‘HEROES’ unite: Northern California youth invited to fight childhood obesity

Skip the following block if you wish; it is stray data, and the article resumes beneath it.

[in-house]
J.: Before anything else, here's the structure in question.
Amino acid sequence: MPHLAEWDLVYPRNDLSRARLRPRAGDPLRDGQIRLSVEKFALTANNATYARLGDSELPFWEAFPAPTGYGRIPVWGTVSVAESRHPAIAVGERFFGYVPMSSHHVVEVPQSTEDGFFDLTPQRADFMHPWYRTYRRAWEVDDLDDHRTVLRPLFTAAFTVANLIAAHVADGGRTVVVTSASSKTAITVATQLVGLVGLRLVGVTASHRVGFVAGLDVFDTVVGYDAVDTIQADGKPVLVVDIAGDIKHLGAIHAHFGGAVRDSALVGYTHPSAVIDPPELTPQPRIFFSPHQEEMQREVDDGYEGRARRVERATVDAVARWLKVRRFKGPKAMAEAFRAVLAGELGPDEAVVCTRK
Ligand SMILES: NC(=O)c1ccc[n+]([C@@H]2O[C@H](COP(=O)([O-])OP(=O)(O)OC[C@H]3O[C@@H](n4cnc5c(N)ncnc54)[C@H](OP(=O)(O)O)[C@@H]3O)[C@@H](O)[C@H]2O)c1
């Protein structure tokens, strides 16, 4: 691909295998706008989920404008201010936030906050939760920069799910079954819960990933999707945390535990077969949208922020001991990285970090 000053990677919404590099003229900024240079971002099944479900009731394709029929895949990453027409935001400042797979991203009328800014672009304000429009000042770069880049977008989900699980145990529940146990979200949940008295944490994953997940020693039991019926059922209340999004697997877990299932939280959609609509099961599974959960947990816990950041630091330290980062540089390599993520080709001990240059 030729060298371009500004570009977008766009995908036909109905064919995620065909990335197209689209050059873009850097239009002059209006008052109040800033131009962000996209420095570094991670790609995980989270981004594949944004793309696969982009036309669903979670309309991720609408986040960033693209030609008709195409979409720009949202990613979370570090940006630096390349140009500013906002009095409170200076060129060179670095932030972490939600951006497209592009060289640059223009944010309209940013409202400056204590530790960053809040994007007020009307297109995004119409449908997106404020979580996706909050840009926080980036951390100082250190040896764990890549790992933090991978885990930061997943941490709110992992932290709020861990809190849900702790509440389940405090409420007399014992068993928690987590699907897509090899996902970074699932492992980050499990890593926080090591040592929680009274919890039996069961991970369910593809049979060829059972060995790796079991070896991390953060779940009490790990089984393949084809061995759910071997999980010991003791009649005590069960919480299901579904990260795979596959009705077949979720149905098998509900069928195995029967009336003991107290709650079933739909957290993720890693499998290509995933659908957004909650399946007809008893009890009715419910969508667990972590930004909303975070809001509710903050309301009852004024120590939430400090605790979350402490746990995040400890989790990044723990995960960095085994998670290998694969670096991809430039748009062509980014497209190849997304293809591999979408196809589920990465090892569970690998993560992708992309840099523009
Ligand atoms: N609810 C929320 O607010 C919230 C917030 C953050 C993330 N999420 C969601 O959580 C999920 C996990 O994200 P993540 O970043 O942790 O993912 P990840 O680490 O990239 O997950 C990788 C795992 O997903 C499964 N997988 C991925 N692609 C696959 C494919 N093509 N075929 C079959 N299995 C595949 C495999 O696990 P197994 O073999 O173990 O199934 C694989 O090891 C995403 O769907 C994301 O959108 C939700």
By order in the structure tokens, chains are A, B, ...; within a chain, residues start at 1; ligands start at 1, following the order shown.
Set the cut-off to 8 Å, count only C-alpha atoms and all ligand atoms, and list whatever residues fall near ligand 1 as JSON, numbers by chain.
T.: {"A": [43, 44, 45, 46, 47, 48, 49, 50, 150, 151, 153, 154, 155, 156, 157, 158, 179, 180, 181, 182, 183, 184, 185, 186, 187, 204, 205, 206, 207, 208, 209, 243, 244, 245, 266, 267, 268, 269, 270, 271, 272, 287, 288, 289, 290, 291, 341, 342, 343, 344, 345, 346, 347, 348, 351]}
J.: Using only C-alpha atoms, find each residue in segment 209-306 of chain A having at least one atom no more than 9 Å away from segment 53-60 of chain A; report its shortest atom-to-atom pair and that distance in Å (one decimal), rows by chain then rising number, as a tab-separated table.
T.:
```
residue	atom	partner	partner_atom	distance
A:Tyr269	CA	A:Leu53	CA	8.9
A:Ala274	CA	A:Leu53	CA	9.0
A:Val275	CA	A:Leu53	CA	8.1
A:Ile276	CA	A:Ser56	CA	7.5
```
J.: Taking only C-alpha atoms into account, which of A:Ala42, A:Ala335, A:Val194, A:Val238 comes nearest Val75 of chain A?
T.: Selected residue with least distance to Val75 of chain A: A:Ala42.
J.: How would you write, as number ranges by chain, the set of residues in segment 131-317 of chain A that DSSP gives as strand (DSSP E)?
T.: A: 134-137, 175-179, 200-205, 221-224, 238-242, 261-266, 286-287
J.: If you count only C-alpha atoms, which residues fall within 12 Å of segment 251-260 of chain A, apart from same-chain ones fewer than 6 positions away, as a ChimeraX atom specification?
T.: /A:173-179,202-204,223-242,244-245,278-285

CONCORD, Calif. -Children and youth across Northern California once again have the opportunity to become “Health Heroes” by learning about childhood obesity, designing programs to address it and implementing the programs in their communities.Kicking off the fourth year, Youth Service America and UnitedHealthcare are calling all “Health Heroes” to apply for 2012 UnitedHealth HEROES grants. To obtain an application, visit http://www.YSA.org/HEROES. Applications must be submitted online before midnight, Oct. 17, 2011. Grant recipients will be notified in December and January. During the most recent grant cycle, UnitedHealthcare awarded $6,000 in grants to eight Northern California-based youth-led organizations. UnitedHealth HEROES is a service-learning, health literacy initiative designed to encourage young people, working with educators and youth leaders, to create and implement local hands-on programs to fight childhood obesity. As childhood obesity rates are increasing, according to the Centers for Disease Control and Prevention, UnitedHealth Group (NYSE: UNH) is taking the fight to Northern California and offering UnitedHealth HEROES grants to schools and youth-focused, community center-based programs. Grants of up to $1,000 will be awarded to programs that demonstrate a clear understanding of the health risks associated with childhood obesity; propose creative solutions to fighting obesity in their schools and communities; and can be easily implemented, scaled and measured. In addition, each grant also engages participating youth in service-learning, an effective teaching and learning strategy that supports student academic achievement, and helps students develop their workplace readiness skills.In California, about 30.5 percent of children ages 10 to 17 are considered overweight or obese. Nationwide, one in three children is obese or overweight, according to the Centers for Disease Control and Prevention. If left unchecked or untreated, obesity will affect 43 percent of adults by 2018, according to the 2009 America’s Health Rankings, and will add nearly $344 billion in that year alone to the nation’s annual direct health care costs, accounting for more than 21 percent of health care spending. Obesity is connected to a variety of chronic conditions, including diabetes and heart disease. “With the UnitedHealth HEROES program, we are helping young people take action to improve their overall health and quality of life in a way that’s not only educational, but beneficial for their communities. We believe that as people become more aware of health issues through health literacy and advocacy initiatives they will make positive changes to live better lives,” said Daniel Rosenthal, CEO, UnitedHealthcare Employer & Individual in Northern California. “We look forward to seeing the creative ideas young people come up with to help fight obesity and encourage healthier living.”UnitedHealth Group is partnering with Youth Service America (YSA) to launch the fourth year of the UnitedHealth HEROES program. Research by Denver-based RMC Research Corp. has shown young people who participate in service-learning programs improve their academic performance and critical-thinking skills, increase their confidence and sense of potential, and accept leadership roles. “Childhood obesity is a growing problem in American and links to long-term health issues, which can be alleviated by drawing awareness of and starting healthy habits at a young age, ” said Steve Culbertson, President and CEO of Youth Service America. “Youth Service America is proud to partner with UnitedHealthcare and mobilize children and youth to create, implement and solve childhood obesity.”To date, UnitedHealthcare has awarded nearly 700 HEROES grants to schools and community organizations across the country. Earlier this year, more than 20,000 children and youth logged volunteer hours serving more their communities to help reduce childhood obesity. A list of previous grant winners is available at http://www.ysa.org.
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